1 [sheet]
a large rectangular piece of cotton, linen, or other material used as an article of bedding, commonly spread in pairs so that one is immediately above and the other immediately below the sleeper.
a broad, relatively thin, surface, layer, or covering.
a relatively thin, usually rectangular form, piece, plate, or slab, as of photographic film, glass, metal, etc.
material, as metal or glass, in the form of broad, relatively thin pieces.
a sail, as on a ship or boat.
a rectangular piece of paper or parchment, especially one on which to write.
a newspaper or periodical.
Printing and Bookbinding. a large, rectangular piece of printing paper, especially one for printing a complete signature.
Philately. the impression from a plate or the like on a single sheet of paper before any division of the paper into individual stamps.
an extent, stretch, or expanse, as of fire or water: sheets of flame.
a thin, flat piece of metal or a very shallow pan on which to place food while baking.
Geology. a more or less horizontal mass of rock, especially volcanic rock intruded between strata or poured out over a surface.
one of the separate pieces making up a geometrical surface: a hyperboloid of two sheets.
one of the planes or pieces of planes making up a Riemann surface.
Crystallography. a type of crystal structure, as in mica, in which certain atoms unite strongly in two dimensions to form a layer that is weakly joined to others.
verb (used with object)
to furnish with a sheet or sheets.
to wrap in a sheet.
to cover with a sheet or layer of something.

before 900; Middle English shete, Old English scēte (north), scīete, derivative of scēat corner, lap, sheet, region; cognate with Dutch schoot, German Schoss, Old Norse skaut

sheetless, adjective
sheetlike, adjective Unabridged


2 [sheet]
a rope or chain for extending the clews of a square sail along a yard.
a rope for trimming a fore-and-aft sail.
a rope or chain for extending the lee clew of a course.
verb (used with object)
Nautical. to trim, extend, or secure by means of a sheet or sheets.
three sheets in/to the wind, Slang. intoxicated.

1300–50; Middle English shete, shortening of Old English scēatlīne, equivalent to scēat(a) lower corner of a sail (see sheet1) + līne line1, rope; cognate with Low German schote Unabridged
Based on the Random House Dictionary, © Random House, Inc. 2014.
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World English Dictionary
sheet1 (ʃiːt)
1.  a large rectangular piece of cotton, linen, etc, generally one of a pair used as inner bedclothes
2.  a.  a thin piece of a substance such as paper, glass, or metal, usually rectangular in form
 b.  (as modifier): sheet iron
3.  a broad continuous surface; expanse or stretch: a sheet of rain
4.  a newspaper, esp a tabloid
5.  a piece of printed paper to be folded into a section for a book
6.  a page of stamps, usually of one denomination and already perforated
7.  any thin tabular mass of rock covering a large area
8.  (tr) to provide with, cover, or wrap in a sheet
9.  (intr) (of rain, snow, etc) to fall heavily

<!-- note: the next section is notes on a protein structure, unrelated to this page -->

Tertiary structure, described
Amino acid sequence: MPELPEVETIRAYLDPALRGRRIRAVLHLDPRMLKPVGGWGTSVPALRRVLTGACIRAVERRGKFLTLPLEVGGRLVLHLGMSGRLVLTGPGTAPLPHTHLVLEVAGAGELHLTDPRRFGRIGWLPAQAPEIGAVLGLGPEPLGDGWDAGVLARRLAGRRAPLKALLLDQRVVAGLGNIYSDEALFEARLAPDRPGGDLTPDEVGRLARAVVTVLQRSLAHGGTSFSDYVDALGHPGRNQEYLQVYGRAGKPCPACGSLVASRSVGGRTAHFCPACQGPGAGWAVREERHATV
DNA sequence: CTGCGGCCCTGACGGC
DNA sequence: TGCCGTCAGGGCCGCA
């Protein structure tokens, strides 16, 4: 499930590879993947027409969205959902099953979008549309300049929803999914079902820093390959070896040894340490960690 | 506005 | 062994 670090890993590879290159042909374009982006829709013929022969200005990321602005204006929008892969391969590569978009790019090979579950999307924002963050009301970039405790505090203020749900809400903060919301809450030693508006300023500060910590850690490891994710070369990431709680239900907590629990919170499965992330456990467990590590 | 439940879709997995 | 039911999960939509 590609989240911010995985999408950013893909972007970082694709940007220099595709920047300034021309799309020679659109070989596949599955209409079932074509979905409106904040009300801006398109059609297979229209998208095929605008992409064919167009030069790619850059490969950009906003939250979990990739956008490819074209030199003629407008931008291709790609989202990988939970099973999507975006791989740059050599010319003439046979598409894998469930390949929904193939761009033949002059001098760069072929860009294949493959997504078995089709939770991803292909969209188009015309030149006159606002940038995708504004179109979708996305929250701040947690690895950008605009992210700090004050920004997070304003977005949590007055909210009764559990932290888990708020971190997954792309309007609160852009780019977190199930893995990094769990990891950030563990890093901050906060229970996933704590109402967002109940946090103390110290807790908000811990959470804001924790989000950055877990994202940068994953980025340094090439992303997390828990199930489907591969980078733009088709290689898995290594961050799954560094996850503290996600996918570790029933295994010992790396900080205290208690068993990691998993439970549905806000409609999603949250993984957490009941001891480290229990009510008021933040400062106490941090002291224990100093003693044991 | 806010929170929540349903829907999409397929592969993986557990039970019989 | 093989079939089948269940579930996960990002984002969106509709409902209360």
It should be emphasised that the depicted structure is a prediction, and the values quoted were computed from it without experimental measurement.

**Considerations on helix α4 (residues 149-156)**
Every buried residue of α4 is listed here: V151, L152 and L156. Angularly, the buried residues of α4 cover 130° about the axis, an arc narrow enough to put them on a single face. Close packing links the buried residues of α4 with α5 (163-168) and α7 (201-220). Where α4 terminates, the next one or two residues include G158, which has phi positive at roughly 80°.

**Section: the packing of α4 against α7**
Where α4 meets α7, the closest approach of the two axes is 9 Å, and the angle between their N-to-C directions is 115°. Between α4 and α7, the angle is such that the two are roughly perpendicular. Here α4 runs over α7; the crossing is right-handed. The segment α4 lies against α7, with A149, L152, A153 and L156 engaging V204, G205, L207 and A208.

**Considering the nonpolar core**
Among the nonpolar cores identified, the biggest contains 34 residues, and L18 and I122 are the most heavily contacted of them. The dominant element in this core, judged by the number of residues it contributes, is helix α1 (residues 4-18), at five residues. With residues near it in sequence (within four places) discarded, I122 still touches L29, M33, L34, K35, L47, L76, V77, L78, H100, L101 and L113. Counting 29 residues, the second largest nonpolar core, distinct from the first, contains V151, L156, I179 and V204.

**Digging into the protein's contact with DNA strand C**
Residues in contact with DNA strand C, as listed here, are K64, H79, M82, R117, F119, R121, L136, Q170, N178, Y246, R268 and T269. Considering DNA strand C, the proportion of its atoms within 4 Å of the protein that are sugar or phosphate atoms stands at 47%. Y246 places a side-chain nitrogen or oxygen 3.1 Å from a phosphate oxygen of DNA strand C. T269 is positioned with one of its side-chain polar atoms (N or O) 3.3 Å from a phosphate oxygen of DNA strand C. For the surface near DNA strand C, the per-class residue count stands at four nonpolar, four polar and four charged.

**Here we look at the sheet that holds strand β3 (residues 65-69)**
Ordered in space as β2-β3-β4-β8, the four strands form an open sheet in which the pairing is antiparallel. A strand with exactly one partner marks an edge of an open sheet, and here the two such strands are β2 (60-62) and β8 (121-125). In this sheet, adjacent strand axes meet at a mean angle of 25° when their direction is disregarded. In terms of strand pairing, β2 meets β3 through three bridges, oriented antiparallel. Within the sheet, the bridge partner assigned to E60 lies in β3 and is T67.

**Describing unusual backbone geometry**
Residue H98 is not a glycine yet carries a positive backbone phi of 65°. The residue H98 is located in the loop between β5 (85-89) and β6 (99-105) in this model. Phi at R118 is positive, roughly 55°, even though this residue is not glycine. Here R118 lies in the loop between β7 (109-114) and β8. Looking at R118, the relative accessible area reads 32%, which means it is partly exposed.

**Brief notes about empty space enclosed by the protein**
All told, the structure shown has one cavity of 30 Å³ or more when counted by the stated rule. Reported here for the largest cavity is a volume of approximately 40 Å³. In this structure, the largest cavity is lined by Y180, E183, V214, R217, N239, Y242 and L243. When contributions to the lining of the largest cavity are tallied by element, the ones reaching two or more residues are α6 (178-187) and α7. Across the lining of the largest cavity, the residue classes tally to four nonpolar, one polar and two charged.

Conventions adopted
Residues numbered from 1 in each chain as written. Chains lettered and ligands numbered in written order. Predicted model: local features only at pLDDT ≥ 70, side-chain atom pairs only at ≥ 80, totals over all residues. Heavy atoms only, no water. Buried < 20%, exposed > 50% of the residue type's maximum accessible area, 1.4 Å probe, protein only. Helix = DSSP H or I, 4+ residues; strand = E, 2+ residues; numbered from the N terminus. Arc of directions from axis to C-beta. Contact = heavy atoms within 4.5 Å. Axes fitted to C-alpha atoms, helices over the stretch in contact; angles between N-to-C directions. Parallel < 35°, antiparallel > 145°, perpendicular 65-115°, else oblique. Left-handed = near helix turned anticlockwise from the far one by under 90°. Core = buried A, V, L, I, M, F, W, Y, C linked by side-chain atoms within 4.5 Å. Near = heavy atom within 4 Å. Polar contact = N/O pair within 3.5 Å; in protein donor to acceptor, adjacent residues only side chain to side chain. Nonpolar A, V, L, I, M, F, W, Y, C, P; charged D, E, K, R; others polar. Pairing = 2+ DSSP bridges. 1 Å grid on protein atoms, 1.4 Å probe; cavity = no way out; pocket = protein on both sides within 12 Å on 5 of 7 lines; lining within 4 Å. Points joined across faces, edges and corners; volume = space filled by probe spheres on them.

[Old English sciete; related to sceat corner, lap, Old Norse skaut, Old High German scōz lap]

sheet2 (ʃiːt)
nautical a line or rope for controlling the position of a sail relative to the wind
[Old English scēata corner of a sail; related to Middle Low German schōte rope attached to a sail; see sheet1]

Collins English Dictionary - Complete & Unabridged 10th Edition
2009 © William Collins Sons & Co. Ltd. 1979, 1986 © HarperCollins
Publishers 1998, 2000, 2003, 2005, 2006, 2007, 2009
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Word Origin & History

O.E. sciete (W.Saxon), scete (Mercian) "cloth, covering," from P.Gmc. *skautijon, from base *skauta- "project" (cf. O.N. skaut "corner of cloth," Goth. skauts "seam, hem of a garment;" Du. schoot Ger. Schoß "bosom, lap"), from PIE base *skeud- "to shoot, chase, throw" (see
shoot). Sense of "piece of paper" first recorded 1510; that of "any broad, flat surface" (of metal, open water, etc.) is from 1592. Of falling rain from 1697. Meaning "a newspaper" is first recorded 1749. Sheet lightning is attested from 1794; sheet music is from 1857. Between the sheets "in bed" (usually with sexual overtones) is attested from 1599; to be white as a sheet is from 1751.

"rope that controls a sail," O.E. sceatline "sheet-line," from sceata "lower part of sail," originally "piece of cloth," from same root as sheet (1) (q.v.). The sense transferred to the rope by 1294. This is probably the notion in phrase three sheets to the wind "drunk and
disorganized," first recorded 1821, an image of a sloop-rigged sailboat whose three sheets have slipped through the blocks are lost to the wind, thus out of control.
Online Etymology Dictionary, © 2010 Douglas Harper
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American Heritage
Idioms & Phrases


see three sheets to the wind; white as a sheet.

The American Heritage® Dictionary of Idioms by Christine Ammer.
Copyright © 1997. Published by Houghton Mifflin.
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Example sentences
But the scandal increased fado's appeal, leading to the publication of its
  first sheet music.
Most of these works adhere to one deceptively simple requirement-the use of a
  single sheet of paper with no cuts or tears.
For now, it sits in storage, its burnished white-and-gold console protected by
  a sheet of plastic.
Place on baking sheet with plenty of space between each dough ball.
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